Julius von Bismarck
Das Reh

Wood, fur, winches, controllers, wooden plinth
165 x 108 x 60 cm

Das Reh by Julius von Bismarck is a life-size fawn-modelled sculpture with the skin of a roe deer drawn over its form. A development on the monumental collapsing sculptures of The Elephant in the Room series, first presented in the artist’s solo exhibition at the Berlinische Galerie in 2023, the new work emulates the mechanism of miniature push-puppet animal toys.

Iconicised in mythology and religion as much as it is heralded in Royal emblems and capitalistic brands, the diverse cultural symbolism of the deer across the planet is historically rooted in uniquely positive connotations: rosperous, noble, kind and sturdy, roe deer have especially been depicted in European folklore as symbols of gentleness and adaptability, and often considered as being connected to the sacred.

The deer is a messenger, an animal of power, and a totem representing sensitivity and intuition for the Native peoples of North America. To the Wixáritarie people of central Mexico, the deer is an animal that translates the language of the gods for men. The Celts considered them to be the prime animal in the magical herds of the gods—the king of the forest, the protector of all other creatures. Among the northern Slavs, noble and strong deer were harnessed to the chariot of Perun, the supreme god of thunder, whilst the ancient Greeks firmly inscribed the animal into their mythology as a constant companion of the divine and innocent hunter Artemis. The Christian imagination, consecrated in the legend of Saint Eustace, holds the deer as a symbol of piety, devotion and of god taking care of his children.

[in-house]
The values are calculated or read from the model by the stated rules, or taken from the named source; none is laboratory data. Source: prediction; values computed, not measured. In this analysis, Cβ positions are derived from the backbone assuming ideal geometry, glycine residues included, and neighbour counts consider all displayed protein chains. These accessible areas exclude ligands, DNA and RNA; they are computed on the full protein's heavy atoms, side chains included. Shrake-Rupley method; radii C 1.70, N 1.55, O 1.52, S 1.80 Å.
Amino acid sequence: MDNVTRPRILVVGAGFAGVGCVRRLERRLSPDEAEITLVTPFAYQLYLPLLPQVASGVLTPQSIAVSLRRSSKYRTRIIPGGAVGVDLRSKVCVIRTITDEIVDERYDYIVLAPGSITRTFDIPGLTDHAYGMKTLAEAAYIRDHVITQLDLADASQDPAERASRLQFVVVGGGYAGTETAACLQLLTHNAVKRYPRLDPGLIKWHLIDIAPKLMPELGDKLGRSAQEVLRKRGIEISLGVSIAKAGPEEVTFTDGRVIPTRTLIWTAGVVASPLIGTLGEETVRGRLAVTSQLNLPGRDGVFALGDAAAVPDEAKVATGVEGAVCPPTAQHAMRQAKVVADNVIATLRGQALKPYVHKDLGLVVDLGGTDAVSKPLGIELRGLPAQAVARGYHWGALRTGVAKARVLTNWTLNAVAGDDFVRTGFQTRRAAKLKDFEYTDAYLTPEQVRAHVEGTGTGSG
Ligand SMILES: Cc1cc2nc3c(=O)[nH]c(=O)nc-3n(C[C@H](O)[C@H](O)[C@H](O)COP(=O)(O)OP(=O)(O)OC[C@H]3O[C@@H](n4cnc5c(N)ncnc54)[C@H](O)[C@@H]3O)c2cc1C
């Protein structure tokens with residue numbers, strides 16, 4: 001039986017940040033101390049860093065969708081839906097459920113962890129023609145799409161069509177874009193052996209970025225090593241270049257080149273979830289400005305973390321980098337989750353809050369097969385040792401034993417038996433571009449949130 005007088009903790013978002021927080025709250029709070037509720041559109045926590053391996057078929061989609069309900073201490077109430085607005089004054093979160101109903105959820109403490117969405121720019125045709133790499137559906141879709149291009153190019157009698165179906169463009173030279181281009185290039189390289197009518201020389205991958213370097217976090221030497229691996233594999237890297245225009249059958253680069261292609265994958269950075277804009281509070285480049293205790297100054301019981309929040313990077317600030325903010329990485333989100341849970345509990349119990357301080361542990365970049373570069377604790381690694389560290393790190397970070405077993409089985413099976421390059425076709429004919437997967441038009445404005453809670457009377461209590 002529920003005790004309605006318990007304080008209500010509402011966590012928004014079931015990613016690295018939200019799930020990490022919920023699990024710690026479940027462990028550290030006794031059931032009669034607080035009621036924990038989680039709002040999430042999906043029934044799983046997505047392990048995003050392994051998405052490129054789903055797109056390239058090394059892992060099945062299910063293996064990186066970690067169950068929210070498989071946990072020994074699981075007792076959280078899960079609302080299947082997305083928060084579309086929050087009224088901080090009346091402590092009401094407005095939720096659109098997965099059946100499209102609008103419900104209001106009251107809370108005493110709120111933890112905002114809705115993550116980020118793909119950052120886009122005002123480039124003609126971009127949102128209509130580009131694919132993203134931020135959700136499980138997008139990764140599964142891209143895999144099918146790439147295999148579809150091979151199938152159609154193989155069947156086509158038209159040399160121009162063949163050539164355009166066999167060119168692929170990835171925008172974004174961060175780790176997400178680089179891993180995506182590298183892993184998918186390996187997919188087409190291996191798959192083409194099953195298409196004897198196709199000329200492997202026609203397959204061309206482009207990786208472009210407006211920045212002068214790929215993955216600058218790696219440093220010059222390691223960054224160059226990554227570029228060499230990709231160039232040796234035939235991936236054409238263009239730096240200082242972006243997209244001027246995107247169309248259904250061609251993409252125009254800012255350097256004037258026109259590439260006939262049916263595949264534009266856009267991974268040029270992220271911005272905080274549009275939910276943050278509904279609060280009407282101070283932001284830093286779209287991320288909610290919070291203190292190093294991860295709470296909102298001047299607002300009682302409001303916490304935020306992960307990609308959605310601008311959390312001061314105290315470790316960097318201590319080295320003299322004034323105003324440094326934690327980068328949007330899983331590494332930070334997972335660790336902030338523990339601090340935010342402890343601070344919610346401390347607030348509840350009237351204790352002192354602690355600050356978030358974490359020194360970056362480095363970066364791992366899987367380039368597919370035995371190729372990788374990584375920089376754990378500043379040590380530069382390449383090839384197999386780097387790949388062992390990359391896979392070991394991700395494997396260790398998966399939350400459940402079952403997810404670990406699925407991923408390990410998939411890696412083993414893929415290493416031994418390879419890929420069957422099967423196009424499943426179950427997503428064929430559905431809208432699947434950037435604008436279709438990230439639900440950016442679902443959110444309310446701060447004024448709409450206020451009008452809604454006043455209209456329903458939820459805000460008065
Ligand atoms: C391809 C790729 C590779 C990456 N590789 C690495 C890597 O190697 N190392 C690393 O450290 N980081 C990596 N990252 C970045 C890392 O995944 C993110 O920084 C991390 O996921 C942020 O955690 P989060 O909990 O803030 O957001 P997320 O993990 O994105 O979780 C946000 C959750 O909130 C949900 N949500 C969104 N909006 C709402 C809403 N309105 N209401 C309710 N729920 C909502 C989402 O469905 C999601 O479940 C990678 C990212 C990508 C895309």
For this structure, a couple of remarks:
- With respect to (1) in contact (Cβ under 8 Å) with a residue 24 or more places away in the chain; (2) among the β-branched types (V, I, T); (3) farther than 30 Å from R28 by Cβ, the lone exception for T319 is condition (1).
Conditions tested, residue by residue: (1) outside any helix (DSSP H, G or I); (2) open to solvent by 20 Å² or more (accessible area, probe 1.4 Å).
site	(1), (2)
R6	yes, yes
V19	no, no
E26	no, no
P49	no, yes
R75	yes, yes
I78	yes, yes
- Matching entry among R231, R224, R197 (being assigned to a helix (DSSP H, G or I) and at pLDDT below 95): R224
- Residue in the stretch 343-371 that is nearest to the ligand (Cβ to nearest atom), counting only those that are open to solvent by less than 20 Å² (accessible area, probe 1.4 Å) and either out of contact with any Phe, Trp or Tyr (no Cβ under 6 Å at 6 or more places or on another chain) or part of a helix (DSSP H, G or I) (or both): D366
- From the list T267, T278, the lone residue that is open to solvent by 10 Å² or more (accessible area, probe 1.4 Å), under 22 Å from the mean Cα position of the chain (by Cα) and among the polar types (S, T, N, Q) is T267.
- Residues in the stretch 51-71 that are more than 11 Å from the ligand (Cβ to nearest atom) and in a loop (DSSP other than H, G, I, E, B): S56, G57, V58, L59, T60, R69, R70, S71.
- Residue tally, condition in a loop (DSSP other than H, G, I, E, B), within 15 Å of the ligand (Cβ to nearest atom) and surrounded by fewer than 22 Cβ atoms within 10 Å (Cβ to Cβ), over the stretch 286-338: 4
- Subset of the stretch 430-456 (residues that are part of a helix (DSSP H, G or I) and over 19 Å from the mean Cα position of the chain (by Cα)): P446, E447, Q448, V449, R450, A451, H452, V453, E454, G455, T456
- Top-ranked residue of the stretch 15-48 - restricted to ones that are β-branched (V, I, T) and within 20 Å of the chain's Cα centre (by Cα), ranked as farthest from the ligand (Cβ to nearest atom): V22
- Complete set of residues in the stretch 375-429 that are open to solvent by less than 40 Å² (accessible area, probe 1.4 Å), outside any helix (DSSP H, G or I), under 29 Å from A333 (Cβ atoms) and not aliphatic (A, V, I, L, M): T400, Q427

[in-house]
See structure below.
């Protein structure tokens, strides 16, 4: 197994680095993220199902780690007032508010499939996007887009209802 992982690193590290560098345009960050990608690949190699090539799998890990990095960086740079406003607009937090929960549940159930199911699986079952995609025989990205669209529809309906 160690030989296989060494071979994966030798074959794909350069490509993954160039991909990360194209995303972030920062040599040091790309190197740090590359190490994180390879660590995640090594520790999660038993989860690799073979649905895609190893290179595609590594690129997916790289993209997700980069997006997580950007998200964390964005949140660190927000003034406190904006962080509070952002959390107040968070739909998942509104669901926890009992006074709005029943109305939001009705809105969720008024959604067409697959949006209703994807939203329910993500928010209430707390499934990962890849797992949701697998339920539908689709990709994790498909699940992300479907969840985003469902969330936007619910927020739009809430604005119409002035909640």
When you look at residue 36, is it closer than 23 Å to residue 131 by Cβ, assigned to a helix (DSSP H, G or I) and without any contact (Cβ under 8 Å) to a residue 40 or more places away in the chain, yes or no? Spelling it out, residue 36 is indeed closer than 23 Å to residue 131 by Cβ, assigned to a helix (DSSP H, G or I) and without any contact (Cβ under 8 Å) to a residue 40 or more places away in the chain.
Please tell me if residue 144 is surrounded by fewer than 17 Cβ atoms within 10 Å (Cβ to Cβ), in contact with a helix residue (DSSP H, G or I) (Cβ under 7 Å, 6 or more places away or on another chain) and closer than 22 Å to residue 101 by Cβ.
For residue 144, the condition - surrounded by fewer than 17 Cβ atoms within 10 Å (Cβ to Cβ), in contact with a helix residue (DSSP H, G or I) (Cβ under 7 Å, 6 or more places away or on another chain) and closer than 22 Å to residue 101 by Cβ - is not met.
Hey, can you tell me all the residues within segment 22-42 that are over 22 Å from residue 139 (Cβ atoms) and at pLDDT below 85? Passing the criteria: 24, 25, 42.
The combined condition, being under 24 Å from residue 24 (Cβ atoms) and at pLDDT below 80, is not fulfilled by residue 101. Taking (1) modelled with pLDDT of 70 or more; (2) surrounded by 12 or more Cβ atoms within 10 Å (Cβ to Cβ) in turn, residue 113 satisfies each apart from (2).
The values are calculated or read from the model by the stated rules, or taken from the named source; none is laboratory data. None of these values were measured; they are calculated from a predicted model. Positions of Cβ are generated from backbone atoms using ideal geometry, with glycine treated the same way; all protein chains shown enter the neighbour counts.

From otherworldly beings calling from the kingdom of the fairies to free men from the trappings of the earthly orld to a sacred manifestation through which the voice of god speaks, the fate of the roe deer has always been nextricably linked to that of the forest—critical zones of earth’s carbon cycle. In the realm of contemporary reality, the grand legends of ancient forests have fallen, their diminishment now canonised in the plagues of onocultures, once rich soil eroding into green deserts.

And so, the illusion breaks—the doe-eyed exchange between deer and viewer is disrupted as the figure rhythmically collapses, only to reconfigure itself again, and again, in a continuous choreography that prompts questions surrounding power-/lessness in the context of human domination in the natural world. Das Reh speaks to the core question of Bismarck‘s artistic practice: how the Western European notion of Nature, particularly the conceptual separation of man from his surroundings, through naming, classifying, and creating systems, has gone hand in hand with the control and domination of the environment, with increasingly disastrous consequences.

About Julius von Bismarck

In his works Julius von Bismarck explores people’s ability to perceive, and he uses the laws of physics to challenge the way we are used to seeing things.

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